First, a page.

BEVERLY — For 35 years, the exotic costumes for Le Grand David and His Own Spectacular Magic Company were as much a part of the performance as levitations and disappearing doves.
Now, the flowing kimonos, bejeweled turbans, gold lamé pants, sequined tops and colorful clown wigs that created such a visual feast for audiences are up for sale.
With the show on hiatus following the death of its founder, Cesareo Palaez, in March, the remaining members of the magic company have decided to sell off about half of the 2,000 costumes in its collection.
The sale is scheduled for tomorrow from 10 a.m. to 2 p.m. at the Cabot Street Cinema Theatre, where the show set a Guinness record as the world’s longest-running stage magic show.
David Bull, the leader of the company who played Le Grand David, said the show could return at some point, but the company is now about one-third the size of its original 70-member cast and no longer needs its entire wardrobe.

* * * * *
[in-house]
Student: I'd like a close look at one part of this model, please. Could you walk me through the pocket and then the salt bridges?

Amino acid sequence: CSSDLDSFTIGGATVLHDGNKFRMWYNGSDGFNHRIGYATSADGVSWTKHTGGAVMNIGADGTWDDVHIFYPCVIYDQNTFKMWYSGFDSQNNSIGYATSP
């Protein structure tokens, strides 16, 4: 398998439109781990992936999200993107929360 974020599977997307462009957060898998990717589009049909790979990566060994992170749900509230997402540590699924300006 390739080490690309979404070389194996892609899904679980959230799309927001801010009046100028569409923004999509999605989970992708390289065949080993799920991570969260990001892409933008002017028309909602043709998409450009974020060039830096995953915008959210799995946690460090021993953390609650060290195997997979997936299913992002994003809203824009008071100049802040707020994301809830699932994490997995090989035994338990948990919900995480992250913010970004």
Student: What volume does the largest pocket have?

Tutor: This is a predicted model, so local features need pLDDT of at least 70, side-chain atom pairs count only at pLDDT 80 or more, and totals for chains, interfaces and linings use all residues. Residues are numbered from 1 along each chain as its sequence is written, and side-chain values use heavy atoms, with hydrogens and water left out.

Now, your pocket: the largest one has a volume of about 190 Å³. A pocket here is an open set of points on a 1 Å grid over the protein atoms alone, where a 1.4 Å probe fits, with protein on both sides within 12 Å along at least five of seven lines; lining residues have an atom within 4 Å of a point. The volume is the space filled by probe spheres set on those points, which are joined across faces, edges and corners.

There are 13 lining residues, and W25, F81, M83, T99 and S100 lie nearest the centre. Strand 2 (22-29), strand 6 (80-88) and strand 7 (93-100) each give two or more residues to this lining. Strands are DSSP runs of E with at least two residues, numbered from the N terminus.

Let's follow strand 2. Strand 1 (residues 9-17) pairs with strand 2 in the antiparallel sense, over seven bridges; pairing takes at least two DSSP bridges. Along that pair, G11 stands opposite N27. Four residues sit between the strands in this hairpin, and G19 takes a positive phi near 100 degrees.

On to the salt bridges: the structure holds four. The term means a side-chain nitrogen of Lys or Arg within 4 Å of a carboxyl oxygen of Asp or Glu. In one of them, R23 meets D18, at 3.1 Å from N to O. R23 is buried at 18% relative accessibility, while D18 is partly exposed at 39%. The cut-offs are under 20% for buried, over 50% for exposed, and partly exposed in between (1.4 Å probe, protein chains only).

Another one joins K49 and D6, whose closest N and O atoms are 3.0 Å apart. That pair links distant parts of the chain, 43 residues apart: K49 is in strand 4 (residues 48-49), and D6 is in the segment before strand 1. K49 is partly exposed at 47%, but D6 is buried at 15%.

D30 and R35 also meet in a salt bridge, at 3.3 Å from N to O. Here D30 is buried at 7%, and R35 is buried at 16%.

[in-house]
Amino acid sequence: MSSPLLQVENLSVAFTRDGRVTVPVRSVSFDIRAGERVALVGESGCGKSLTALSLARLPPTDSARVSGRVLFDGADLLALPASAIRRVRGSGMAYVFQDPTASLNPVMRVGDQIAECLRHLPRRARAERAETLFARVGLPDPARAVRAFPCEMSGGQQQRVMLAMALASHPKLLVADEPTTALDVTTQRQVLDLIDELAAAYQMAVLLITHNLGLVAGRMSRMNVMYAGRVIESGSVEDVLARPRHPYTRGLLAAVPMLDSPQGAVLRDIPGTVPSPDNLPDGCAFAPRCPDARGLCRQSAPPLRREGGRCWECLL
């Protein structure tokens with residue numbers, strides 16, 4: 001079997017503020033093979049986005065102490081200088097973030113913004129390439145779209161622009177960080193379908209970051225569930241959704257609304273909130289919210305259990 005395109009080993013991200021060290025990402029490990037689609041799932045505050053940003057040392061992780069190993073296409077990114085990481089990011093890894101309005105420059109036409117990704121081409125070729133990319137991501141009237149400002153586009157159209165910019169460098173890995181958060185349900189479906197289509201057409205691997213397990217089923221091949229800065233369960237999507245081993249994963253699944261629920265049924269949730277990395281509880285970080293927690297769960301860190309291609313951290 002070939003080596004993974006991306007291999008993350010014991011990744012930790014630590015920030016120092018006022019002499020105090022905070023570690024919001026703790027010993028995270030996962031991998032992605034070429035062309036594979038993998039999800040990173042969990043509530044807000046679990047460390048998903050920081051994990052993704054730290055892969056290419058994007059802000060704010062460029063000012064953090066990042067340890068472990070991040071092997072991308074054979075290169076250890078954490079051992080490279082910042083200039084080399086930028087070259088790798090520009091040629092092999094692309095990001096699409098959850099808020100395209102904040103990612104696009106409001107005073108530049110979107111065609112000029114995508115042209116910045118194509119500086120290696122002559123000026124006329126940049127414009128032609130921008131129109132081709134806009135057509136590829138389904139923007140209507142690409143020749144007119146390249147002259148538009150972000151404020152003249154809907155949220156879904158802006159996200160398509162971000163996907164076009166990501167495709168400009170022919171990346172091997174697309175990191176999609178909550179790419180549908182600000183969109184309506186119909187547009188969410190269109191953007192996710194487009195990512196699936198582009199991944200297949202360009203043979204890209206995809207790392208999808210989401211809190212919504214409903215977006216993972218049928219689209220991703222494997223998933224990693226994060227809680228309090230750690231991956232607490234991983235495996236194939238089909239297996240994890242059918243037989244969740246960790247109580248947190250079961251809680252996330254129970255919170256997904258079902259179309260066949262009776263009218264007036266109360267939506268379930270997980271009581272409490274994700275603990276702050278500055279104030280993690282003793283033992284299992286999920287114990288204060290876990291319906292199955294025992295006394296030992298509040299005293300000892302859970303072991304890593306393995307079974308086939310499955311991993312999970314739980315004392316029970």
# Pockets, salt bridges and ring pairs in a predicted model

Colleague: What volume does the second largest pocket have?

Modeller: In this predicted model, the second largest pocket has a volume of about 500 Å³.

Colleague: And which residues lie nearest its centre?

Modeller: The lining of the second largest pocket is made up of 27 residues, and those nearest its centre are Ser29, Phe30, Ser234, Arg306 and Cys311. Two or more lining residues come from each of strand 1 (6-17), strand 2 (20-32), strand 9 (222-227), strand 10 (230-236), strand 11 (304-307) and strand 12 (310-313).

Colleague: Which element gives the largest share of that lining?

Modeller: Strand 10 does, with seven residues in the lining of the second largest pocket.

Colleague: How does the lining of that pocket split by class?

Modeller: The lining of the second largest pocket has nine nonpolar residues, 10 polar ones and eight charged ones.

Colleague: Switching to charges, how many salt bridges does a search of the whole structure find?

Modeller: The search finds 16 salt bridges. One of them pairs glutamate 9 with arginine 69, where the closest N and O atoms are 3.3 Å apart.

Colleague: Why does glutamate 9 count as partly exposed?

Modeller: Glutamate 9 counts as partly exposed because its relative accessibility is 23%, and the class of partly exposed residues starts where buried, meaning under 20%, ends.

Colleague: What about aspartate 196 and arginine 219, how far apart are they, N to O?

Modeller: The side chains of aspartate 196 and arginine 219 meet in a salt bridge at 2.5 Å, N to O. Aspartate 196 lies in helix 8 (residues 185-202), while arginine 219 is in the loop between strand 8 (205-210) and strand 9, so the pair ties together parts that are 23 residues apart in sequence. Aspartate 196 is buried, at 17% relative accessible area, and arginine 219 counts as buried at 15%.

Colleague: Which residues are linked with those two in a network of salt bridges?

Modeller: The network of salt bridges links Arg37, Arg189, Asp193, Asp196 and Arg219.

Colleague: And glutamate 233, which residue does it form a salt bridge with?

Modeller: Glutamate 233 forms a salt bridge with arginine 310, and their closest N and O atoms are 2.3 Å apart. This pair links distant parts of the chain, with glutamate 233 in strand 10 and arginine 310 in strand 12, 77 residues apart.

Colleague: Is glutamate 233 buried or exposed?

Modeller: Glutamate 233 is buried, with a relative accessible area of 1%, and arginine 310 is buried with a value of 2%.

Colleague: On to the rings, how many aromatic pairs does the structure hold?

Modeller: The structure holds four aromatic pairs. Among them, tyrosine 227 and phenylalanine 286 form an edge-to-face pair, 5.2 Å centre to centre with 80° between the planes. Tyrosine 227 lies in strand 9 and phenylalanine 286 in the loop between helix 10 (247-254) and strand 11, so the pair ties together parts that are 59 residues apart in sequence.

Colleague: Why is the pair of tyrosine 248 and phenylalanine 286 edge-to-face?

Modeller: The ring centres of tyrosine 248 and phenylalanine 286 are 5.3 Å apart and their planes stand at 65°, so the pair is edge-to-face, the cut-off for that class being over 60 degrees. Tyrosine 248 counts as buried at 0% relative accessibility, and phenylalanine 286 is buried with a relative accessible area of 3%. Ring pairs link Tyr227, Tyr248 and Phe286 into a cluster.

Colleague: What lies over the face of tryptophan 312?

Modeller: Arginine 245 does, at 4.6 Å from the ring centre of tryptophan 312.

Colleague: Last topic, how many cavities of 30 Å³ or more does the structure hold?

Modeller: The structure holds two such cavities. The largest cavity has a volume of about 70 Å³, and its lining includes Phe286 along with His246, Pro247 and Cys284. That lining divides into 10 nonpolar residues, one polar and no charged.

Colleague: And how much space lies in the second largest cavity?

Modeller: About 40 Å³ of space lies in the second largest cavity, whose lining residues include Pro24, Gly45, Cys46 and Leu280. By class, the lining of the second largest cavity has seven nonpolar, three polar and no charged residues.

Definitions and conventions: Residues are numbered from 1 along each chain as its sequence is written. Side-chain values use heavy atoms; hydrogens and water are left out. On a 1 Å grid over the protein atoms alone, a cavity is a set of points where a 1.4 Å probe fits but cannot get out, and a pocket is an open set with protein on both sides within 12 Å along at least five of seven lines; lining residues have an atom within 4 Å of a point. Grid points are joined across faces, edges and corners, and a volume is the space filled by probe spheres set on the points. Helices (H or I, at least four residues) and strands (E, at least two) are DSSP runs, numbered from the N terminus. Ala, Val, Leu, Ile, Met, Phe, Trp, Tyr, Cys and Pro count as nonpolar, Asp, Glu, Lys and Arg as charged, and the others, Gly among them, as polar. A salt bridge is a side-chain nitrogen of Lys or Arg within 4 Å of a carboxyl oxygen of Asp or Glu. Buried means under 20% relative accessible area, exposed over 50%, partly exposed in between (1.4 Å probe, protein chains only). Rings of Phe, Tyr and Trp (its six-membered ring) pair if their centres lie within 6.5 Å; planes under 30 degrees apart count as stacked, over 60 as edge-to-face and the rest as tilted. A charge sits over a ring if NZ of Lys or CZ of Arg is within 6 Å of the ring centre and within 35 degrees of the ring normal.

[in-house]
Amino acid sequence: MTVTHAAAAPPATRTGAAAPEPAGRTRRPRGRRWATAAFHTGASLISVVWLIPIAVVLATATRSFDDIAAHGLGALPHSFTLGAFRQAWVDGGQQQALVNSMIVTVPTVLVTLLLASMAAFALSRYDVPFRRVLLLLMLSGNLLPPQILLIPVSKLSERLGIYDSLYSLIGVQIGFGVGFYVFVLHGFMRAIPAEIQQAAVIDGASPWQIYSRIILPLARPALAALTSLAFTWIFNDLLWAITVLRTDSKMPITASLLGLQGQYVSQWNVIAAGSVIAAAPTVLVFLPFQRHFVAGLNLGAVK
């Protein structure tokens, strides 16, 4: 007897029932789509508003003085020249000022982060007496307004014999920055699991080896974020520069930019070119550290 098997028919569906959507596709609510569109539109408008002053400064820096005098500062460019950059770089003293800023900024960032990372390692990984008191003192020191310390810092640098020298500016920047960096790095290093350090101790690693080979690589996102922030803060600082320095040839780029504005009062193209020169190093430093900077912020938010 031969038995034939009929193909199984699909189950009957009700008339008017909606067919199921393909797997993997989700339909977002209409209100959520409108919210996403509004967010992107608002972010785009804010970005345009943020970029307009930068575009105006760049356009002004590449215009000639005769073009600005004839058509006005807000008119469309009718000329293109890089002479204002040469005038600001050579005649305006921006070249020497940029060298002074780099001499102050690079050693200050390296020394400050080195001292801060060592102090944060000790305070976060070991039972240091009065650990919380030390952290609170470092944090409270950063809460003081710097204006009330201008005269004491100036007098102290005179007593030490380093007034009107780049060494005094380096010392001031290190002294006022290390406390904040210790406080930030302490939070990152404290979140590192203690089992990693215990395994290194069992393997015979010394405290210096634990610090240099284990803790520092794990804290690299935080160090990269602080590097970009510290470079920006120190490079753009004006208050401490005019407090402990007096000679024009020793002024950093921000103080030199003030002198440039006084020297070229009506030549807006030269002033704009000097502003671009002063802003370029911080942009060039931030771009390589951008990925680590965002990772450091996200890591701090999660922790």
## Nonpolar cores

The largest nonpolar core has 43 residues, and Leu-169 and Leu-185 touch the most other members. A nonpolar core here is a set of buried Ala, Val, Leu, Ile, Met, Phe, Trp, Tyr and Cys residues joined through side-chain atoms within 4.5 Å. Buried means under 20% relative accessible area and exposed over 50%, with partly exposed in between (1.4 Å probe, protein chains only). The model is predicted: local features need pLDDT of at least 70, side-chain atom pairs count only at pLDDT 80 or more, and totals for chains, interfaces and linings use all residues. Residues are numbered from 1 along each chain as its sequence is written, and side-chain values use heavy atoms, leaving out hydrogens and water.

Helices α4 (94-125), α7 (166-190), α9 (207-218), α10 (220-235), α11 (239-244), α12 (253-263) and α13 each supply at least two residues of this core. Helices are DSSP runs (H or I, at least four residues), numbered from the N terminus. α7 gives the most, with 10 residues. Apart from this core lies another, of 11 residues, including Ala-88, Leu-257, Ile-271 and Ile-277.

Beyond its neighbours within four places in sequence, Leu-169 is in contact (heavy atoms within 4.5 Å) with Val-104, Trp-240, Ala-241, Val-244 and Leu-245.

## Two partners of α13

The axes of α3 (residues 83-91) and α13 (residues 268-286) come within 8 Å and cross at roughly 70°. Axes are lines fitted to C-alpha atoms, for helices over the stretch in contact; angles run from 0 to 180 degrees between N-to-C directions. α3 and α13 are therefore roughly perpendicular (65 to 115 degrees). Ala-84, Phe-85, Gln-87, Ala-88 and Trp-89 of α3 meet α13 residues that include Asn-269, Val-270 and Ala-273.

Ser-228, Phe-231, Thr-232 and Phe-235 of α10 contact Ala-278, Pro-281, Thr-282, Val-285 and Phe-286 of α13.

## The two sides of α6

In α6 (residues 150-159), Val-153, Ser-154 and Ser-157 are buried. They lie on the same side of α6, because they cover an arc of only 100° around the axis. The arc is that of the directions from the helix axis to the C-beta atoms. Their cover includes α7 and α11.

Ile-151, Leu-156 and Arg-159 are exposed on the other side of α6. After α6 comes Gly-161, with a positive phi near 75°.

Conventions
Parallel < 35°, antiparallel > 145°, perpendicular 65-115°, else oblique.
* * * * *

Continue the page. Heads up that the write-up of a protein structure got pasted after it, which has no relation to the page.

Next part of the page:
Standing among the costumes hanging on racks, packed in storage bins and spread across the floor in a nearby building, Bull said yesterday, “We just don’t need all this.”
Many of the costumes were handmade by cast members, often from fabric that Bull said performers would purchase in their travels to places like Paris and New York City.
The colorful fabrics were embroidered with sequins and embellished with tassels and pearls and intricate designs. Some of the women in the company were accomplished seamstresses, while others learned as they went.
Many of the costumes have an Oriental look, although Bull said there was no intention to replicate a particular cultural or time period.
“We were trying to replicate this fantastic experience where people can be transported,” he said. “It’s more of a fantasy idea.”